Children sleep less at night with electronic devices switched on
A new survey has revealed that children, aged between 6 and 17, sleep less when they leave their electronic devices switched on at night.
Washington: A new survey has revealed that children, aged between 6 and 17, sleep less when they leave their electronic devices switched on at night.
Jill Creighton, Assistant Professor of Pediatrics, Stony Brook Children's Hospital, said that the key to a successful school year started with Z's and so parents needed to power down their kids at night.
He further added that parents should develop a night time routine for their child, like taking bath, reading a book or listening to soothing music, which would help them relax before going to sleep and screen time should be replaced with the activities like a 20-minute family walk, shooting hoops outside, walking the dog and doing household chores (with the promise of an allowance).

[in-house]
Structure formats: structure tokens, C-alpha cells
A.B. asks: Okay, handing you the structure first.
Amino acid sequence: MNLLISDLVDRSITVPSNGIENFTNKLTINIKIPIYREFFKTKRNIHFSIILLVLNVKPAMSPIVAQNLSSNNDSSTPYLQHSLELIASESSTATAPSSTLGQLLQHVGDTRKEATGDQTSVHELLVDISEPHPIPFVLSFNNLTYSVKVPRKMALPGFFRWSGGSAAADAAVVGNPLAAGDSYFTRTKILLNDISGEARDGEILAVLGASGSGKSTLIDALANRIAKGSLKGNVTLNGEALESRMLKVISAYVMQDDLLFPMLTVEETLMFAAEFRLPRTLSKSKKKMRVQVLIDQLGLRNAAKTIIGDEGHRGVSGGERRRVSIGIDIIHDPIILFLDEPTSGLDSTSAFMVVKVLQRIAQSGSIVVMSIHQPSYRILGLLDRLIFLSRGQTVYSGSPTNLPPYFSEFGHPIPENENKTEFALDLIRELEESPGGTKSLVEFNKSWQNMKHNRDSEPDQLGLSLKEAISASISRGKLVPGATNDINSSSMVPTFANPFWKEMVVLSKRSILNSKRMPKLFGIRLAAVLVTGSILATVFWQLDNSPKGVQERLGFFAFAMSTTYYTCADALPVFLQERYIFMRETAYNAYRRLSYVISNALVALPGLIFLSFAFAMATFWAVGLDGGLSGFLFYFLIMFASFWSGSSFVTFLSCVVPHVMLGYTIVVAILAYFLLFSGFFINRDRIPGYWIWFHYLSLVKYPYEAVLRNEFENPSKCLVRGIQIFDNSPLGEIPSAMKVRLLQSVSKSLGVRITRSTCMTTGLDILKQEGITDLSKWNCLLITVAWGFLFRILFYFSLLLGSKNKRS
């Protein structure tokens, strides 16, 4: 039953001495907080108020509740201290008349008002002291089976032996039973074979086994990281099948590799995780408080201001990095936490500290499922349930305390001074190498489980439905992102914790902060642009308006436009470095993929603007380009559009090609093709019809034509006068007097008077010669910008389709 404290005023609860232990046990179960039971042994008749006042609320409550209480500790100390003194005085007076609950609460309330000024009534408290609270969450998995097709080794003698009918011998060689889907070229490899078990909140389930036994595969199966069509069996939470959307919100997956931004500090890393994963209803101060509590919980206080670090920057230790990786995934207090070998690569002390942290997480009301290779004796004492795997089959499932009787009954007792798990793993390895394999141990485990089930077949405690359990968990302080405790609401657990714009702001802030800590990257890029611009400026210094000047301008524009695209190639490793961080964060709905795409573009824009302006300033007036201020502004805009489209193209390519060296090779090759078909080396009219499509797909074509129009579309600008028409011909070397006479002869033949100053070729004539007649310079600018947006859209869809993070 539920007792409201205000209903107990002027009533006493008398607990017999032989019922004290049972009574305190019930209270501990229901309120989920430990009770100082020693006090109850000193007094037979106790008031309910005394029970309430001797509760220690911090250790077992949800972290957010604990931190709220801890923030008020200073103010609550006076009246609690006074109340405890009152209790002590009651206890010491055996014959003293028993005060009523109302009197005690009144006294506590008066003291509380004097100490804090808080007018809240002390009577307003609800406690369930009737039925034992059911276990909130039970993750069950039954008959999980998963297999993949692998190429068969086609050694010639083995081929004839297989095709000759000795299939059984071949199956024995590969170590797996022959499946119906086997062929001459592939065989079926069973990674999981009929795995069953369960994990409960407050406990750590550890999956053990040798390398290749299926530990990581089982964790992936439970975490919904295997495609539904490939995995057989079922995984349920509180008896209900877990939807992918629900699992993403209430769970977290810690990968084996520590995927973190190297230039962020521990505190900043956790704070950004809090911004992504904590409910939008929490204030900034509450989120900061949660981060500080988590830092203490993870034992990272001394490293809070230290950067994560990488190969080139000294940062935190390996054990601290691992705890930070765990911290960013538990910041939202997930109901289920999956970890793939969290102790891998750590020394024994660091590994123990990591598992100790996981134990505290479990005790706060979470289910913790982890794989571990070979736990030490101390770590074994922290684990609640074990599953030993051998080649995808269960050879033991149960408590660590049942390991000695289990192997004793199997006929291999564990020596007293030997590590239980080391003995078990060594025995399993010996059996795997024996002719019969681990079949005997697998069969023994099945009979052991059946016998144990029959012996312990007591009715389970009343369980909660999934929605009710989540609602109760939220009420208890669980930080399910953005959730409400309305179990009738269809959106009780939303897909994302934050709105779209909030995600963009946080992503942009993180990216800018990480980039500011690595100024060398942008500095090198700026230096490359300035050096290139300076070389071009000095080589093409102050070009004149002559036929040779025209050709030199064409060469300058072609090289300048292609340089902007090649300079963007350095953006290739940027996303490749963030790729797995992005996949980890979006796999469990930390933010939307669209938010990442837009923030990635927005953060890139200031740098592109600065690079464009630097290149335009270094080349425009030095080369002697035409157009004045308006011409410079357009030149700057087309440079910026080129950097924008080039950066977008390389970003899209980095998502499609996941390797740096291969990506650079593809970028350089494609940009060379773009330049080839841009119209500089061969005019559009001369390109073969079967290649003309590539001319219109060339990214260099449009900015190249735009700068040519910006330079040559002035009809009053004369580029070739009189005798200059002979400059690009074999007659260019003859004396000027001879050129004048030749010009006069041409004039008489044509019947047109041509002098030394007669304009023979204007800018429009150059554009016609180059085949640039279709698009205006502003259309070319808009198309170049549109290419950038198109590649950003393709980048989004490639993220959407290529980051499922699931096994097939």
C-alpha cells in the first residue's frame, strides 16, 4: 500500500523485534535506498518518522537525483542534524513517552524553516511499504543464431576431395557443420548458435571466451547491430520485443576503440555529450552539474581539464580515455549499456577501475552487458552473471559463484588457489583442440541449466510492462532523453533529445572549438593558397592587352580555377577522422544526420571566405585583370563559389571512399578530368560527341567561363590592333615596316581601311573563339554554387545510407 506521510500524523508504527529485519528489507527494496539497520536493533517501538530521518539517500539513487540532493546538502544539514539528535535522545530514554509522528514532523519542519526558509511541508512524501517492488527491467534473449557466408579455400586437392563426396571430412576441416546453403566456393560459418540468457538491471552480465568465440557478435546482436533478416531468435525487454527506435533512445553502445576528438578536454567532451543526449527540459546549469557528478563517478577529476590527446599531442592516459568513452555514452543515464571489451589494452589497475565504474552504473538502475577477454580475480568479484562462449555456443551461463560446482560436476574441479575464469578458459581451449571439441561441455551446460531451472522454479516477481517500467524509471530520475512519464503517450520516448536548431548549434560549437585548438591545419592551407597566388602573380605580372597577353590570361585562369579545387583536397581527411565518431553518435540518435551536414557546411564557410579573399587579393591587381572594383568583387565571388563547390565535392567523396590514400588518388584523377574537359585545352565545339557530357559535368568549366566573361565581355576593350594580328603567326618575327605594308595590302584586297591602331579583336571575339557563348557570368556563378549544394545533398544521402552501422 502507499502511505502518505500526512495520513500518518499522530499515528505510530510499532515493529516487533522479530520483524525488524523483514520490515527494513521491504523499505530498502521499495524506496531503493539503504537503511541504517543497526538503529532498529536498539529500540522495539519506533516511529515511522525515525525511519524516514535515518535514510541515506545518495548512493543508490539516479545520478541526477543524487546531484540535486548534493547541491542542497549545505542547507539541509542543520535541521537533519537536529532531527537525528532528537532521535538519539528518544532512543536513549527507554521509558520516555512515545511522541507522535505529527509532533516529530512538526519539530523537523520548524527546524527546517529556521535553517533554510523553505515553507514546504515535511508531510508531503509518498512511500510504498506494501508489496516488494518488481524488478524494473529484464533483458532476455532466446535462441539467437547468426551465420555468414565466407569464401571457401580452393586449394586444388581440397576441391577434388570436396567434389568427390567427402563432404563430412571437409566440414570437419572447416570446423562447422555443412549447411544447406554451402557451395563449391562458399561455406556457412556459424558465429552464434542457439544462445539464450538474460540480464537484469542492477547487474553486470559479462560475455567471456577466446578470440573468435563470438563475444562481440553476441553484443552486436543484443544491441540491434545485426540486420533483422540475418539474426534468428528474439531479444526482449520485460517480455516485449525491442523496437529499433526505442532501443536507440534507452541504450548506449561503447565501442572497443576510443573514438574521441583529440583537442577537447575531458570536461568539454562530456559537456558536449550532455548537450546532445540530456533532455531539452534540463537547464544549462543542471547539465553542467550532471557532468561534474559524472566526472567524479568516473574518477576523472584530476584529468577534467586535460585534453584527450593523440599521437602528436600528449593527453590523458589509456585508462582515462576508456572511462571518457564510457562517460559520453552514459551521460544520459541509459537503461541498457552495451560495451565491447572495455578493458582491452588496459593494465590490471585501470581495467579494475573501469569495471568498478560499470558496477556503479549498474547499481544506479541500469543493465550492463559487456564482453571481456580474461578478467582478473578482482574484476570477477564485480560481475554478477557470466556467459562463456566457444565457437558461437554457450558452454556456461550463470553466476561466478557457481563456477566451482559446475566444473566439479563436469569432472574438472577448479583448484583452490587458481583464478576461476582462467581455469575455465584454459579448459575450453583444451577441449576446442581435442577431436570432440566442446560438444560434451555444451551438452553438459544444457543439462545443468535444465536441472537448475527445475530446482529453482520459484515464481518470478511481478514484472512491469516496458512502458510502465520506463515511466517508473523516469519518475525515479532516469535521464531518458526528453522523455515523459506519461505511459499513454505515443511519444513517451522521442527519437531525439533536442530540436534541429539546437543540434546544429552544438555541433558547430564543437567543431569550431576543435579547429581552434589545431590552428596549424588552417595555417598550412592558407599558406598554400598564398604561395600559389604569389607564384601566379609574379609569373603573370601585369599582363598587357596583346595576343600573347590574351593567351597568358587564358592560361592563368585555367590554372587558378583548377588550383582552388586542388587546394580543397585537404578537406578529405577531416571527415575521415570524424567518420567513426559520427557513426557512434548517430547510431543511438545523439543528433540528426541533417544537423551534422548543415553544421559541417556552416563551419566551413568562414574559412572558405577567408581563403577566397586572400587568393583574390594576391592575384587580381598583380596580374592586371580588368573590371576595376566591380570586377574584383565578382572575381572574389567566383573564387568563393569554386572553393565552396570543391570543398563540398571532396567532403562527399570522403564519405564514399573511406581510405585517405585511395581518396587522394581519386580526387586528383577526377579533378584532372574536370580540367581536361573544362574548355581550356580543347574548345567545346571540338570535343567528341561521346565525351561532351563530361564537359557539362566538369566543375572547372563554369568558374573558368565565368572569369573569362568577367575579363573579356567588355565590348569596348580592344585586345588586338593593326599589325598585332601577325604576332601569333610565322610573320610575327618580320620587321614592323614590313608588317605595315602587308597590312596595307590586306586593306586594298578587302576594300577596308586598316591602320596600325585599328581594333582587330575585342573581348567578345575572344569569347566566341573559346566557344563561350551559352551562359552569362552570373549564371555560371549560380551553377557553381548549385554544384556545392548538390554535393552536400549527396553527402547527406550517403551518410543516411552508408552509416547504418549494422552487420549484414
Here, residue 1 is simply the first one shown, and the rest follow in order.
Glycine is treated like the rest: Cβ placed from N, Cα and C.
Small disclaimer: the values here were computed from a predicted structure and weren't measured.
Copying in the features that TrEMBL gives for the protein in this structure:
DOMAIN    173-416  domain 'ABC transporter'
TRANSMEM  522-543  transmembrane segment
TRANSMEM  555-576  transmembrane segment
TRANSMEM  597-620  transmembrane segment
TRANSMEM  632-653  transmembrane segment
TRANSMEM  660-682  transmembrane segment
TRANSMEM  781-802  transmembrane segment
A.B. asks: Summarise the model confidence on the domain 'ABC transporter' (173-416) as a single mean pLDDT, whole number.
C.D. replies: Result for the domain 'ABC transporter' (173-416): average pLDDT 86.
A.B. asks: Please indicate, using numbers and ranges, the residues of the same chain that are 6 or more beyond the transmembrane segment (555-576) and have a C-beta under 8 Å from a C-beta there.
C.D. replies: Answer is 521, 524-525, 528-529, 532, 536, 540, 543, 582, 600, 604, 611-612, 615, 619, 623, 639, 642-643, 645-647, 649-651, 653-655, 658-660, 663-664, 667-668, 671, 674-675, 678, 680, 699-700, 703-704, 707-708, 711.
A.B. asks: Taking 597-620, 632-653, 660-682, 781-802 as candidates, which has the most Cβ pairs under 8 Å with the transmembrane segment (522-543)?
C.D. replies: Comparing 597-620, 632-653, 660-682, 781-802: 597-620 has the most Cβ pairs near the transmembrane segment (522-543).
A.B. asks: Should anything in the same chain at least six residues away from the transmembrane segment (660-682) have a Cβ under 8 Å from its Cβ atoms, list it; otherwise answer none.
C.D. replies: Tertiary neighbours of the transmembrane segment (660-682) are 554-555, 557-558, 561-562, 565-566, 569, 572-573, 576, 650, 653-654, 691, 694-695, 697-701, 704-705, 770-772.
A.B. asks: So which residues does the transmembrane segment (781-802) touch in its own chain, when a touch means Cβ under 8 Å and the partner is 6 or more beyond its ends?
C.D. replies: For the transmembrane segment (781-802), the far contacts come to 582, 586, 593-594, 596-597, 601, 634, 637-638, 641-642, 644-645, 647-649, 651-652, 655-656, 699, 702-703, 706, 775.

Creighton continued that the hour before bed should be a no-electronics zone as studies showed that the light from backlit electronics (like tablets, smartphones and video games) could disrupt the ability to fall and stay asleep.
She further suggested that parents should designate a spot in their home for electronics to be plugged in, and then let kids start their bedtime routine by plugging in one hour before lights out.
Last of her advices was to establish good habits, unlike the habits like being distracted by phones, hand-held devices and TV shows during mealtime, which cannot only lead to overeating, but additional unneeded screen time.
Newborns need to sleep 16-18 hours a day, preschool-age children need 11-12 hours a day sleep, school-age children need sleep at least 10 hours a day, teens need to sleep 9-10 hours a day, while adults (including the elderly) need to sleep for 7-8 hours a day.